So, Wednesday turned out to be a hard day. We received the official word that starting some time in December, our performance metrics will be judged daily instead of by their weekly average. And that we can miss the daily minimum two days a month. I had already turned up to work crying because of stress in my everyday life. (Which only my friend in the parking lot saw. Speaking of my friend in the parking lot… she needs a nickname as she will play a larger roll in this blog post and hopefully appear more. I think I shall call her Southern Candy, because her roots are in the Southern United States and she likes to pass out hard candy.)
Now, after my neurologist/physiatrist appointment on November 9, (see Is it Time for Botox), I filed for Intermittent Leave from work which would allow me job protection if my work missed increases due to complications from my disability or more doctor’s appointments. I now have a lot of doctor’s appointments. With recent changes at work, I seem to have triggered a couple neuromas in my right foot, which my podiatrist shot with cortisone (See The Stabby Toe and the Challenging Gait), and unbeknownst to me, as I had never had cortisone to me, this transformed my good leg into a second bad leg.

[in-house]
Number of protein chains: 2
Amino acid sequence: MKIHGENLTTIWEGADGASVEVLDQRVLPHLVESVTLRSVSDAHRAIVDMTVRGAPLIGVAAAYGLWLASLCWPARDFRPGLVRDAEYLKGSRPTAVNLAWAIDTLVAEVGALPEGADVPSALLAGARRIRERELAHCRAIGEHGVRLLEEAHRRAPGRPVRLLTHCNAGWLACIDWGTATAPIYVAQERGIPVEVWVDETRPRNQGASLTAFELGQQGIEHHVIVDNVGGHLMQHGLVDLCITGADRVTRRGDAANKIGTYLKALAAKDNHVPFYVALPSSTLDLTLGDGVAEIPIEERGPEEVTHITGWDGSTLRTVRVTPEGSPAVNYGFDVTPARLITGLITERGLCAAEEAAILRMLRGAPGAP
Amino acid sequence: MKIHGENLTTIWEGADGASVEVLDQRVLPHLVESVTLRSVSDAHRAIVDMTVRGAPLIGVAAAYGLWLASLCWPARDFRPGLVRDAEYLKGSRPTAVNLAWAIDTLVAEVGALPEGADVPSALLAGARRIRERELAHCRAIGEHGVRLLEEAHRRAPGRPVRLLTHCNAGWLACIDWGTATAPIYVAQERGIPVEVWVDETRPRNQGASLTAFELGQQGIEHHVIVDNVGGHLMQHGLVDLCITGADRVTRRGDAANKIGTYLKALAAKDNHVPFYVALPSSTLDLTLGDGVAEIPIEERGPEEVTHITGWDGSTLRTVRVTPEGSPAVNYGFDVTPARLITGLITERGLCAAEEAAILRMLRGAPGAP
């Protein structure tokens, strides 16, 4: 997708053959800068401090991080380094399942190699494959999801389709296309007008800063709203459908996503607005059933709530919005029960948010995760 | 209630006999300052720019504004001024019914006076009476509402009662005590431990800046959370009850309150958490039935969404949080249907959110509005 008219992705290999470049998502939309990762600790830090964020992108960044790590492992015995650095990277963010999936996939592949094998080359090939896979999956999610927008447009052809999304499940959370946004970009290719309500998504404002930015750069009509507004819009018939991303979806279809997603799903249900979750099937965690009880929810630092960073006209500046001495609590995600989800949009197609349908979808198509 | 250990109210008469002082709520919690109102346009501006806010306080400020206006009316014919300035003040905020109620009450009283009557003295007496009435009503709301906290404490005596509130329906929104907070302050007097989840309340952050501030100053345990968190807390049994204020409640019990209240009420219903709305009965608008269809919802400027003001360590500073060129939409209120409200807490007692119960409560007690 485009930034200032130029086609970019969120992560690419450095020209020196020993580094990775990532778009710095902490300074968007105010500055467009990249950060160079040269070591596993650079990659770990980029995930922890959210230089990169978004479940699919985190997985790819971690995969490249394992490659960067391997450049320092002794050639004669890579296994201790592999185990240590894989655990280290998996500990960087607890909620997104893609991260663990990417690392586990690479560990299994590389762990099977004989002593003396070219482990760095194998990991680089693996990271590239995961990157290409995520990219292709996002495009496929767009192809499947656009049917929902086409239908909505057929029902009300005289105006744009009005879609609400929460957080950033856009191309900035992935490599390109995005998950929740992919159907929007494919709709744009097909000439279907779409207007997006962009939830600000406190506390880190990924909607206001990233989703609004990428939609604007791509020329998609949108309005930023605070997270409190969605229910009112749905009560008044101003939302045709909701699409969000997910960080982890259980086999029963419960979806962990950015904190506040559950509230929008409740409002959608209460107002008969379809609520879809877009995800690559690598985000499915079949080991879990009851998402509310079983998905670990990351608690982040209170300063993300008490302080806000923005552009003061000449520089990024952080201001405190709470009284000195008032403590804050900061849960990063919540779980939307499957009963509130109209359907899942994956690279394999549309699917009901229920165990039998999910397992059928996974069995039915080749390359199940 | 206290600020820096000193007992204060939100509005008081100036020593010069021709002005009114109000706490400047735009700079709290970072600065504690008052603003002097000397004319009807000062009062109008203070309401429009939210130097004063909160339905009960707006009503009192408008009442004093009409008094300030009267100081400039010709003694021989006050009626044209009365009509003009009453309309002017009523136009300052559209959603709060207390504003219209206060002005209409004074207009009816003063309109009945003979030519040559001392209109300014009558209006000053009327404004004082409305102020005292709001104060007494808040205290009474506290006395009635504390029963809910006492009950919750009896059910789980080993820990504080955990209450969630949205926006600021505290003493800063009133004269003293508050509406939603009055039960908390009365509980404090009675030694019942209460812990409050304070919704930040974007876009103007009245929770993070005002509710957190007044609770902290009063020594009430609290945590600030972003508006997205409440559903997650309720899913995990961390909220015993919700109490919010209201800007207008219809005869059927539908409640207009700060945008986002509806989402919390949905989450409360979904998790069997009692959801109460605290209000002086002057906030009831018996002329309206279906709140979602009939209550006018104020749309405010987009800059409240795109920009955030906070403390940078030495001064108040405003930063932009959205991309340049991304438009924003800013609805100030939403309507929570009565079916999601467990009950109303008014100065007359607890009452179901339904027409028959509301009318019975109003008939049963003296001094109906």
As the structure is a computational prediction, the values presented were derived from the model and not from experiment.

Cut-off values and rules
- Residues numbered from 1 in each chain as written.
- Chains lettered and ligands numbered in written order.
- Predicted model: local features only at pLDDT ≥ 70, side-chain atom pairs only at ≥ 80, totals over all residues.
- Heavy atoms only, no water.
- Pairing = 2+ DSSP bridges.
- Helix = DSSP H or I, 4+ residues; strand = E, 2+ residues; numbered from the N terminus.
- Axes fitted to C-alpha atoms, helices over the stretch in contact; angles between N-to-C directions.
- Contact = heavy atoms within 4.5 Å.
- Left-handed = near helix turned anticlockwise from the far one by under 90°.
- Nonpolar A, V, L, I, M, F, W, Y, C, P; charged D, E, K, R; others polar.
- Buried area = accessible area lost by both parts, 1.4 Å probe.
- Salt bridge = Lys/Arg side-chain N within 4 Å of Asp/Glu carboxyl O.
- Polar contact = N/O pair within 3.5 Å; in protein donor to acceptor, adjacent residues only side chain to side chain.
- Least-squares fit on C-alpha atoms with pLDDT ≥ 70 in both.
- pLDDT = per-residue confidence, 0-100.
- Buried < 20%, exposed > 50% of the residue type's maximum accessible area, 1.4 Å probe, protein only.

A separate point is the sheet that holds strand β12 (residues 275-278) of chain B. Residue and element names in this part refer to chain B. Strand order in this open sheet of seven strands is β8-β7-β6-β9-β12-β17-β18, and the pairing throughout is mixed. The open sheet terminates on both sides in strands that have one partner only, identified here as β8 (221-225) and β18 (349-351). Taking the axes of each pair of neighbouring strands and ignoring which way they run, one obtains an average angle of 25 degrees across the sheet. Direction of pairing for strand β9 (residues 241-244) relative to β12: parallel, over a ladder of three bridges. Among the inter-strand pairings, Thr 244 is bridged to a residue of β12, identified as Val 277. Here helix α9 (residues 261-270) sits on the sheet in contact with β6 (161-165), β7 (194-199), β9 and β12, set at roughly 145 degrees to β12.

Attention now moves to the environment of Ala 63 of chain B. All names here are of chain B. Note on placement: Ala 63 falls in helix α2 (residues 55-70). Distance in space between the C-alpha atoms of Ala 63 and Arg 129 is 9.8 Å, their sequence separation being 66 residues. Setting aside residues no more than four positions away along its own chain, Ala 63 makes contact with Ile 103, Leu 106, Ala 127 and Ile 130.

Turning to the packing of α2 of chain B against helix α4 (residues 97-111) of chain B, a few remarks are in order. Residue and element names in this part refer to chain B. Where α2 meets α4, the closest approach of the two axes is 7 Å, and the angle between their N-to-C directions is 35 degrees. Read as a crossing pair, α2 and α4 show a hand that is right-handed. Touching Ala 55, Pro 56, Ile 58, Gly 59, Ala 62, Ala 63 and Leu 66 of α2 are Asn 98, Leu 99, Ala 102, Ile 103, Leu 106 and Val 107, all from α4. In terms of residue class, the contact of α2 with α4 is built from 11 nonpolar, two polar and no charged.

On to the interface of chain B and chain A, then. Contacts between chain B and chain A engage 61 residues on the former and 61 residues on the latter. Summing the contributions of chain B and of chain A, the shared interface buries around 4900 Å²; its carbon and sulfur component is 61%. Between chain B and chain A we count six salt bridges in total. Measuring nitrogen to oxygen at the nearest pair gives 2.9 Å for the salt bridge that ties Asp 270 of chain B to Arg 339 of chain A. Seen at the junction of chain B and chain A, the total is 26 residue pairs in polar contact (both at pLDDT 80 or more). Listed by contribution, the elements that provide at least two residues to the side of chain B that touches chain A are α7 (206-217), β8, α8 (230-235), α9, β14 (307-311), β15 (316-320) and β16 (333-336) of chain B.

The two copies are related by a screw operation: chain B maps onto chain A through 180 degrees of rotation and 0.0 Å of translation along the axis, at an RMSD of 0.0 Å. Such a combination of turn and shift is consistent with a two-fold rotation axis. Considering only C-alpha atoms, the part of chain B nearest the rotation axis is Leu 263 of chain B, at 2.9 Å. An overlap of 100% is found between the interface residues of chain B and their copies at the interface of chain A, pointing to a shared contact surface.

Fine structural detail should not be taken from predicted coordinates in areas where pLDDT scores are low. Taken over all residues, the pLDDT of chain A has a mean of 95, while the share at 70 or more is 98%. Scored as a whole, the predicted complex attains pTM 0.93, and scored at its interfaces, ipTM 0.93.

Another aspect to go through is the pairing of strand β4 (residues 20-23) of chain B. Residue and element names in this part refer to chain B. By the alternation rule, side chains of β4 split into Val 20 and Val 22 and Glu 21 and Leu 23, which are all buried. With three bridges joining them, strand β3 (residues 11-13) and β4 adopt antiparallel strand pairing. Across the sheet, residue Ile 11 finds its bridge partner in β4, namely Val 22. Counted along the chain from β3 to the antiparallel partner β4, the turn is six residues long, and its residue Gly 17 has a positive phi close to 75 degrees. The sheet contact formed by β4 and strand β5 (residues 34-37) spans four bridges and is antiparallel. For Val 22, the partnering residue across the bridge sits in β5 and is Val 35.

It absolutely removed all my pain, but — and this is probably why my podiatrist asked when I planned on returning to work and seemed satisfied that “tomorrow” would give me adequate time to recover– it made it impossible to control and rely on my right leg as I typically do. BUT I can also say it made me acutely aware of how I use my legs and unfairly make my right leg carry more than its share of the movement burden which is why my right hip has issues.
My left leg “scissors” causing my left knee to pretty much cross in front of my right leg when I walk (and yes, that is as awkward as it sounds) but now my right foot drags, causing my toes to curl under my foot. I have compensated for this change in walking pattern by buying cowboy boots. Not real ones, but ones we sell at work: the Kassy boot by DV by Dolce Vita. (Unboxing on YouTube here.) They allow me to hear my walk, feel my foot, and not step on my toes.